Everyone knows the reputedly Chinese curse “May you live in interesting times.”
Let’s touch on a few events of the past few weeks that affect the Middle East and Israel in particular.
Hamas and the Palestine Liberation Organization have reconciled. The reconciliation was brokered by post-Mubarak Egypt. Can the two factions live together in one tent? Possibly not.
Mahmoud Abbas, the Palestinian Authority president, said that because he was also chair of the Palestine Liberation Organization, he remained in charge of peace efforts with Israel. The future unity government, he said, will have only two functions, to rebuild Gaza and set up elections within a year.
Meanwhile, Mahmoud Zahar, a Hamas leader who was in Cairo for the Palestinian negotiations, said he saw no place for peace talks with Israel under the new arrangement.
Many, including people in the U.S. State Department, hope that the PA will be a moderating influence on Hamas. But will it? Or will Hamas radicalize the PA?
Khaled Meshal, the Hamas leader, after the announcement of PA-Hamas unification, said that he was fully committed to working for a two-state solution but declined to swear off violence and refused to agree that a Palestinian state would produce an end to the Israeli-Palestinian conflict.
His vision of a settlement includes “a Palestinian state in the 1967 lines, with Jerusalem as its capital, without any settlements or settlers, not an inch of land swaps, and respecting the right of return” of Palestinian refugees to Israel itself. He refused to say whether if he gets what he is asking for that this would end the conflict.
As an indication of how this marriage will play out, Arutz Sheva reports Hamas and Fatah are cooperating on a project for intimidating and embarrassing Israel on May 15, the anniversary of the declaration of the State of Israel. Fatah, founded by Yasser Arafat, is the dominant faction of the Palestinian Liberation Organization, now headed by Abbas.
Dr. Zakaria al-Agha, a member of the PLO executive committee, said that a joint Fatah-Hamas committee for marking “the 63rd Nakba Day” has been formed, and that negotiations were under way with “all of the nationalist and Islamic forces” in order to carry out a joint, central action on the day. “Nakba,” or “disaster,” is what the Arabs of the Palestinian Authority call the establishment of the State of Israel. The plans reportedly include mass marches toward Israel from all of the countries surrounding it, by Arabs and foreign sympathizers. This action is being called the “Third Intifada.”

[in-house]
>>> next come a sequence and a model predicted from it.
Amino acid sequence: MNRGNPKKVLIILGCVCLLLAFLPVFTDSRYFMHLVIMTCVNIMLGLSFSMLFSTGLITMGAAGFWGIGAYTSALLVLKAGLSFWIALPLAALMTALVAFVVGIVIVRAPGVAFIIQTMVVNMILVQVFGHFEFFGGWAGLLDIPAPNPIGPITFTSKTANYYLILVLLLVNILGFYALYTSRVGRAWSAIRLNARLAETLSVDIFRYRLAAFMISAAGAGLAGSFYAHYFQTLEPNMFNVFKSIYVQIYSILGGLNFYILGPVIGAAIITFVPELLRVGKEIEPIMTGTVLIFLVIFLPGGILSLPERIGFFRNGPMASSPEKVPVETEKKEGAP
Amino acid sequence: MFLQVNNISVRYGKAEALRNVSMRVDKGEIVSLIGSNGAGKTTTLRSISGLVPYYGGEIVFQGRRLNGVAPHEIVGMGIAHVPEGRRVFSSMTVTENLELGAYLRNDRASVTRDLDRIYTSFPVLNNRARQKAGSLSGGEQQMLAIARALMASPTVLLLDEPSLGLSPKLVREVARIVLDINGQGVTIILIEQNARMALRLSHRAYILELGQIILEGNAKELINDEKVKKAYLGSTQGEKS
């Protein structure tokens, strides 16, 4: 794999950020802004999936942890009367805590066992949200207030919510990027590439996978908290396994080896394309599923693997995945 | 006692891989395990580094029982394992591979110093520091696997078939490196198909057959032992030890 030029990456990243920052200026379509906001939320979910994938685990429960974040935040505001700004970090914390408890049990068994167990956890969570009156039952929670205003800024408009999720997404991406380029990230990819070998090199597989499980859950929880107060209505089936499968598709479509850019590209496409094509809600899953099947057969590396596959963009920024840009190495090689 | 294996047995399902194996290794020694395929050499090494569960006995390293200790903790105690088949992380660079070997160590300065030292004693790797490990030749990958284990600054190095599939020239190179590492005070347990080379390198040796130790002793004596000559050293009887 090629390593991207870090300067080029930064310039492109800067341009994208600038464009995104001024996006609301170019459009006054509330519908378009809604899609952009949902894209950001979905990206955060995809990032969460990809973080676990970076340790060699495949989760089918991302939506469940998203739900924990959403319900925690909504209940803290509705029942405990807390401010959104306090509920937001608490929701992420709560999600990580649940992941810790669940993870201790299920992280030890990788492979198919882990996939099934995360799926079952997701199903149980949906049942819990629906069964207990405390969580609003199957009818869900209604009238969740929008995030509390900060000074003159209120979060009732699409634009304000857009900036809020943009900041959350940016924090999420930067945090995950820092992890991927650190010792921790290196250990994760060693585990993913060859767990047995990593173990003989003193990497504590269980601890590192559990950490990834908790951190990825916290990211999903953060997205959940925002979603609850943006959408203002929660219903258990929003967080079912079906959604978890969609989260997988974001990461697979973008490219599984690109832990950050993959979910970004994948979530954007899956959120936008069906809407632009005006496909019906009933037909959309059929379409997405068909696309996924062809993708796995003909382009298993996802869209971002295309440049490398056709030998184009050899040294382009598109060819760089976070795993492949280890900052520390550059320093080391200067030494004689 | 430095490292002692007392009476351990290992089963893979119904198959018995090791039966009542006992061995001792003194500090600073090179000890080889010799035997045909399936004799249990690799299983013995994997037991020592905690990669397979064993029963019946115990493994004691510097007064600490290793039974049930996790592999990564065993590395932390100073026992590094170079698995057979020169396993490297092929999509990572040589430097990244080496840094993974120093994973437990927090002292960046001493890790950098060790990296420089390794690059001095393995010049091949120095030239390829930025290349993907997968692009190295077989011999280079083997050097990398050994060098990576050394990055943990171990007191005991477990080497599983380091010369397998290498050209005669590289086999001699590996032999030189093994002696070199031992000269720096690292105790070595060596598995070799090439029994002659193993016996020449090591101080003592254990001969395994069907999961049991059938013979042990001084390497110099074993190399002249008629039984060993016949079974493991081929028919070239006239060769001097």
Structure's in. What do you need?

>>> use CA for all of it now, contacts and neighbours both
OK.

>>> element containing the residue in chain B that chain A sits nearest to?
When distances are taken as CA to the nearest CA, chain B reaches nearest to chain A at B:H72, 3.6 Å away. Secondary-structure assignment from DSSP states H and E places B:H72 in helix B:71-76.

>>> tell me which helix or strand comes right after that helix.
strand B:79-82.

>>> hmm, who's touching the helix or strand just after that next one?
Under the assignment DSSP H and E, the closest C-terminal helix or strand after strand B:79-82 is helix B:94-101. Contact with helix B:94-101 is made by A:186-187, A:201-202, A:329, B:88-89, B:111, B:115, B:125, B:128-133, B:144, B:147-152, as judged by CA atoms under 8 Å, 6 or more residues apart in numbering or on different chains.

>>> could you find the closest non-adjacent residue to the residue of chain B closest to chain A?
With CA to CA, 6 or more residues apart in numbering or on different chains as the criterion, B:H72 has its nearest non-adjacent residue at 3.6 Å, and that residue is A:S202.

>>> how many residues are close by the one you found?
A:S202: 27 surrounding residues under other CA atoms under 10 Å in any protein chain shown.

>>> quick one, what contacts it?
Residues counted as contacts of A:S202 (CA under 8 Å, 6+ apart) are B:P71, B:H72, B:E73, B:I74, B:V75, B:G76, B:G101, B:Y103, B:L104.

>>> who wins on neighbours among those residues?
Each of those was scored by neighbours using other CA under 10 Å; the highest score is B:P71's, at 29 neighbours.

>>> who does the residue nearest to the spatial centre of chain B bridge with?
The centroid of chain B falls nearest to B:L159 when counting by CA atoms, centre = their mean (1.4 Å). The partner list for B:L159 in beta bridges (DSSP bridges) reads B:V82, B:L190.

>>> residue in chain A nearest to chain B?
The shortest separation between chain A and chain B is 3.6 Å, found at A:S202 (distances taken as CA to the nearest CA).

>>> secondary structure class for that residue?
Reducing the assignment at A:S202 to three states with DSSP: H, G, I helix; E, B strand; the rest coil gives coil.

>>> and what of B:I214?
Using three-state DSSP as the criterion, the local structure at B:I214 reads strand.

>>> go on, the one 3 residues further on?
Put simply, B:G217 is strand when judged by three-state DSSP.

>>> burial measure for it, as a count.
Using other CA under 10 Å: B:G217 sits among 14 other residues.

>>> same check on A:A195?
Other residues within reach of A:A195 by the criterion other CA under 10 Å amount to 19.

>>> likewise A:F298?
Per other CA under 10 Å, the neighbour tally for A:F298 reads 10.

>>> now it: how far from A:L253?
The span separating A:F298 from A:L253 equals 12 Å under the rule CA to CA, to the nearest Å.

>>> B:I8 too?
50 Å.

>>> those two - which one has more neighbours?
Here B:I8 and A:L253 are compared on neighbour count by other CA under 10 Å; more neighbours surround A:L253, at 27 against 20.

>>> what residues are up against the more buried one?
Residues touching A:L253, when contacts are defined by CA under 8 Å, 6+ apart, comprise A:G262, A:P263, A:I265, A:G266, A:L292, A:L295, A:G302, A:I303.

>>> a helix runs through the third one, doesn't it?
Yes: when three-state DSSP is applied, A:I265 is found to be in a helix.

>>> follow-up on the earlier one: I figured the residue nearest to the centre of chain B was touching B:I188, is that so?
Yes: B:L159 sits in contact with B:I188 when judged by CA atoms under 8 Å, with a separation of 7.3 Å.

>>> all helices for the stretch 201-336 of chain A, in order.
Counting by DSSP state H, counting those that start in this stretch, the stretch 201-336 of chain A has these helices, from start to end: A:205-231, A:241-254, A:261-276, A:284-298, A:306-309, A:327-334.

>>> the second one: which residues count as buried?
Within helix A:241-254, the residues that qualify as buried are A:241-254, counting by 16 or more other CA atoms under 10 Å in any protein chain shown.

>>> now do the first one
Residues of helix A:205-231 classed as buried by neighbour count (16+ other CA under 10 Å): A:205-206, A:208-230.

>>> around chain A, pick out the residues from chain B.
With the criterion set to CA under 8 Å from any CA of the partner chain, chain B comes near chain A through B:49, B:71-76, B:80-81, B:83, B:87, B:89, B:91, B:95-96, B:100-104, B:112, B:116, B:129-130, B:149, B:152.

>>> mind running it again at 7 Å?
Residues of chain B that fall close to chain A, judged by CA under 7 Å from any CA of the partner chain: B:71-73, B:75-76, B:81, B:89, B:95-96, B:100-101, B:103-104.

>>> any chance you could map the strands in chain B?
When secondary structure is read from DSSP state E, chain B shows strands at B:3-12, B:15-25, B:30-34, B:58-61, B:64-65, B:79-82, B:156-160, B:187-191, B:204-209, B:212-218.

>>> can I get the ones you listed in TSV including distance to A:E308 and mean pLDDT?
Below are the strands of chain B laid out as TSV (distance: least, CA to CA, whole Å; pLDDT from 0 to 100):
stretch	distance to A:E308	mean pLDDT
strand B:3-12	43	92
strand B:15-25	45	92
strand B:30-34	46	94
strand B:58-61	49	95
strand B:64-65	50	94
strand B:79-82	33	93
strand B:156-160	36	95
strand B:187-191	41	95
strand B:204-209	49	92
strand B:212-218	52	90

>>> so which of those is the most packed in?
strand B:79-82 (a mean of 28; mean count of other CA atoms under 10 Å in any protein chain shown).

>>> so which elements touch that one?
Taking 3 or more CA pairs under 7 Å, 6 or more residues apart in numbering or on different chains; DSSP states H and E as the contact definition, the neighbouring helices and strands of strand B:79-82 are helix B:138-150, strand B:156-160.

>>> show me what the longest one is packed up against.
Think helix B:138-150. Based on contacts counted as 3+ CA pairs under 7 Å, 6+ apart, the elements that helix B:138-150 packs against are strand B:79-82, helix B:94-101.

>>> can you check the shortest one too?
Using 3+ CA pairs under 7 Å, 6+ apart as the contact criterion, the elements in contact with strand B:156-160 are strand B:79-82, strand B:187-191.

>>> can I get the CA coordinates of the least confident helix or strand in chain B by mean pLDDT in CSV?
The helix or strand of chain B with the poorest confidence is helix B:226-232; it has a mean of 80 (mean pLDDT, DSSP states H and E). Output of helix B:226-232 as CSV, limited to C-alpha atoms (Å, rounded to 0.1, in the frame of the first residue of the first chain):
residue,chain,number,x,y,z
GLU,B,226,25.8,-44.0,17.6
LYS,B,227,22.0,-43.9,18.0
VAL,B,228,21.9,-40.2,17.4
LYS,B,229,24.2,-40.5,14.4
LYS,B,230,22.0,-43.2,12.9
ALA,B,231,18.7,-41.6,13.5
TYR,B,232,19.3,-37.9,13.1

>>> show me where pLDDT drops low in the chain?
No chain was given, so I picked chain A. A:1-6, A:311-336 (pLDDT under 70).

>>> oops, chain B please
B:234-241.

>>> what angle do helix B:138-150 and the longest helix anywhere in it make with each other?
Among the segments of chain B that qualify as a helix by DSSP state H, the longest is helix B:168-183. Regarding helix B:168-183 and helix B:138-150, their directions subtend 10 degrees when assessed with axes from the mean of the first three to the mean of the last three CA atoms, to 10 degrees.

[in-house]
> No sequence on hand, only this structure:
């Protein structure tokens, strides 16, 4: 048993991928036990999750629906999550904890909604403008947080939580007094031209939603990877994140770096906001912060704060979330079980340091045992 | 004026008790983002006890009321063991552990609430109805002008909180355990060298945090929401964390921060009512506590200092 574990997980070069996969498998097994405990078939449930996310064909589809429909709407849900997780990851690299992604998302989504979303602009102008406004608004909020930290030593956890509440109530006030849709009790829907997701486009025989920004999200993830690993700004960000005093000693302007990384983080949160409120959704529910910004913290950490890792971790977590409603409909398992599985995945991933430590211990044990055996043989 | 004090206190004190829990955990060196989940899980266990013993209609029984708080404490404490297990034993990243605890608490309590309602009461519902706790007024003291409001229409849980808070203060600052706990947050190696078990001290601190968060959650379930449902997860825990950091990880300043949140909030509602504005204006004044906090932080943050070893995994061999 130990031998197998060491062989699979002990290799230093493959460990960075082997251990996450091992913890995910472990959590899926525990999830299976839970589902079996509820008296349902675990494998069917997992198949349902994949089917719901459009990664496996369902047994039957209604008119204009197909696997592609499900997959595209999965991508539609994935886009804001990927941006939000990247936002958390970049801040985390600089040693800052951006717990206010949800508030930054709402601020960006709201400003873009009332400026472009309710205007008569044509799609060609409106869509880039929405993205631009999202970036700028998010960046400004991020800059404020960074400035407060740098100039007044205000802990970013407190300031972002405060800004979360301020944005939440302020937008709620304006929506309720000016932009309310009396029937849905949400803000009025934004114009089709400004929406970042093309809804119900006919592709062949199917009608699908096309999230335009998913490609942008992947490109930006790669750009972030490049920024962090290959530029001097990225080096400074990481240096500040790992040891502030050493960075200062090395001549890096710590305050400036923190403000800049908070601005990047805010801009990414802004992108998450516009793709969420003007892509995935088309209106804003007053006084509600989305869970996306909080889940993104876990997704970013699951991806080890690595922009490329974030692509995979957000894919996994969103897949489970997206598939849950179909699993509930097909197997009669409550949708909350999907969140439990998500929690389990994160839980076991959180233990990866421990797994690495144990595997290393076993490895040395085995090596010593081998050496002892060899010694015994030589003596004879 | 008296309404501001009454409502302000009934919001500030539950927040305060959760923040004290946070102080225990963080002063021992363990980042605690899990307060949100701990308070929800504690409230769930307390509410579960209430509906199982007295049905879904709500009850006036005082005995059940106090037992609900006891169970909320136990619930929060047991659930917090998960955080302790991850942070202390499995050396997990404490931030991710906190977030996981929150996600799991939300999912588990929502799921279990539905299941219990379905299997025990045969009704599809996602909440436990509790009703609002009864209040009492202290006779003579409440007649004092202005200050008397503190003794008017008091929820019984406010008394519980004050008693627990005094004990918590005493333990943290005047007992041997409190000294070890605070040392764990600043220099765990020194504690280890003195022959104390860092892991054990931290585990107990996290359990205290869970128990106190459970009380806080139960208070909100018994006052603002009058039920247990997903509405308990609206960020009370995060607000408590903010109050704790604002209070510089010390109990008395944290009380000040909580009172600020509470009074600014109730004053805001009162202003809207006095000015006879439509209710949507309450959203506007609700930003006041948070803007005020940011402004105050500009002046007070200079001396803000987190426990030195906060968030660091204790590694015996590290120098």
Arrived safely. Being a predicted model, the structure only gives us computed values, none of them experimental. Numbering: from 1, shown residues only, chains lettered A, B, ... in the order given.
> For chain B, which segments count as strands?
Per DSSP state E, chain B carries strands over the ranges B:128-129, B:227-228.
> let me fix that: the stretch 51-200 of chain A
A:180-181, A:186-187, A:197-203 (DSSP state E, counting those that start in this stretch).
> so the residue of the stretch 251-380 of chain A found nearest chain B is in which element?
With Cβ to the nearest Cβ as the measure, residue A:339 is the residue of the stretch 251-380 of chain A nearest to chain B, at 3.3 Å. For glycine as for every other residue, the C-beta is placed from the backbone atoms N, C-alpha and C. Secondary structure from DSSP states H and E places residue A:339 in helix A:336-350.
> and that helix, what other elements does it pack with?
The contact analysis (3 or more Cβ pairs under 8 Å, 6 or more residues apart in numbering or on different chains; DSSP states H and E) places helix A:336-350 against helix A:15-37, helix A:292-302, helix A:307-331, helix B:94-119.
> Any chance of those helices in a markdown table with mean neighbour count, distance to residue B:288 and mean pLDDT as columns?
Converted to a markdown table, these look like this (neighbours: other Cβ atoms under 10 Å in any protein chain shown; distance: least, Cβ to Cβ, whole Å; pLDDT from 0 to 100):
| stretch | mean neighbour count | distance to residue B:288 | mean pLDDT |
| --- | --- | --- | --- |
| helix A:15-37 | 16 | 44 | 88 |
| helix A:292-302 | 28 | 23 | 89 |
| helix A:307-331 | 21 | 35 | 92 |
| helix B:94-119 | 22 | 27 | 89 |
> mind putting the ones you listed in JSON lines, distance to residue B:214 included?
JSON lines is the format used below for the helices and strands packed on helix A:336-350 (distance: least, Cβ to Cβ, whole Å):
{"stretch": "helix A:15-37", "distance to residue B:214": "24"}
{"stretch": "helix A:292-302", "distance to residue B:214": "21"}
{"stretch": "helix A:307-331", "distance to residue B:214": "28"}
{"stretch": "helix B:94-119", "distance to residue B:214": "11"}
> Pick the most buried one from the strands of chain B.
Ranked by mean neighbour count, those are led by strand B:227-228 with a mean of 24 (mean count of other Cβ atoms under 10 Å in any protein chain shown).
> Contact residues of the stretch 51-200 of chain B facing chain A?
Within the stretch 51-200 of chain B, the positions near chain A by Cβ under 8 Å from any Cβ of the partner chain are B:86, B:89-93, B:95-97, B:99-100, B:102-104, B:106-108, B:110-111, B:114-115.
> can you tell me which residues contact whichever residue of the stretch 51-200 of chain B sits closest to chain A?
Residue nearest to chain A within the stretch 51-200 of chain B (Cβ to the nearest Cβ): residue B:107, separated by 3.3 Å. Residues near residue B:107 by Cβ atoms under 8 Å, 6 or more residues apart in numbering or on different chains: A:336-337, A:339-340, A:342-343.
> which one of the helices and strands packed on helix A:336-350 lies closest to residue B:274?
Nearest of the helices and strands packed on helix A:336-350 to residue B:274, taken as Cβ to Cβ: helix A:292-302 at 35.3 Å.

Egypt supposedly is worried by the Nakba plans. Nationalist Egyptians are reportedly preparing to leave El Arish and head toward Israel by land and by sea. Egypt is purportedly organizing the closing off of all entrances to northern and southern Sinai in advance of this move.
But there has been an attitude change in Egypt toward Israel and the United States since the ouster of Mubarak. In addition to normalizing relations with Hamas, the country is planning to open the blockaded border with Gaza and to normalize relations with Iran. Egyptian officials say that they are moving toward policies that more accurately reflect public opinion. When the moment of truth comes, will Egypt — which, under Hosni Mubarak, tried to mediate between Israel and the PA — block moves by Egyptians to advance on Israel? Such a move will not play well in the current Egyptian political climate.
What happens in Egypt depends on the increasing influence of the Muslim Brotherhood, which has called for a review of the 1978 peace treaty between Egypt and Israel, saying it should be resubmitted to a “freely elected” parliament for approval.
The Palestinians are creating political dilemmas for Israel. Earlier this year, the PA threatened to go to the UN General Assembly, where it has the votes, to have Palestine declared a state within the 1967 borders and with Jerusalem as its capital. Now, it has declared Nakba Day.
How will Israel respond to protect its borders on Nakba Day? World opinion seems to be that Israel is the one country that is not entitled to the right of self-defense, reflecting, perhaps, the still fresh image in the world’s consciousness of the Gaza flotilla raid which occurred a year ago.
The flotilla was launched from Turkey. Like, the new Egypt, Turkey is trying to assert itself on the world scene by showing itself to be independent of Western influence.
An example of this positioning was the proposal by Turkish President Abdullah Gul in a New York Times op-ed that said that Turkey would be willing to mediate a peace agreement between Israel and the Palestinians. Although Gul claims impartiality, is Turkey really so? What happens on Nakba Day will be an indicator.
Israel is living in interesting times. Under the current U.S. administration, it can no longer rely on the automatic protection of the United States on the diplomatic front. It seems that, except for its supporters in the Diaspora, Israel is very much on its own.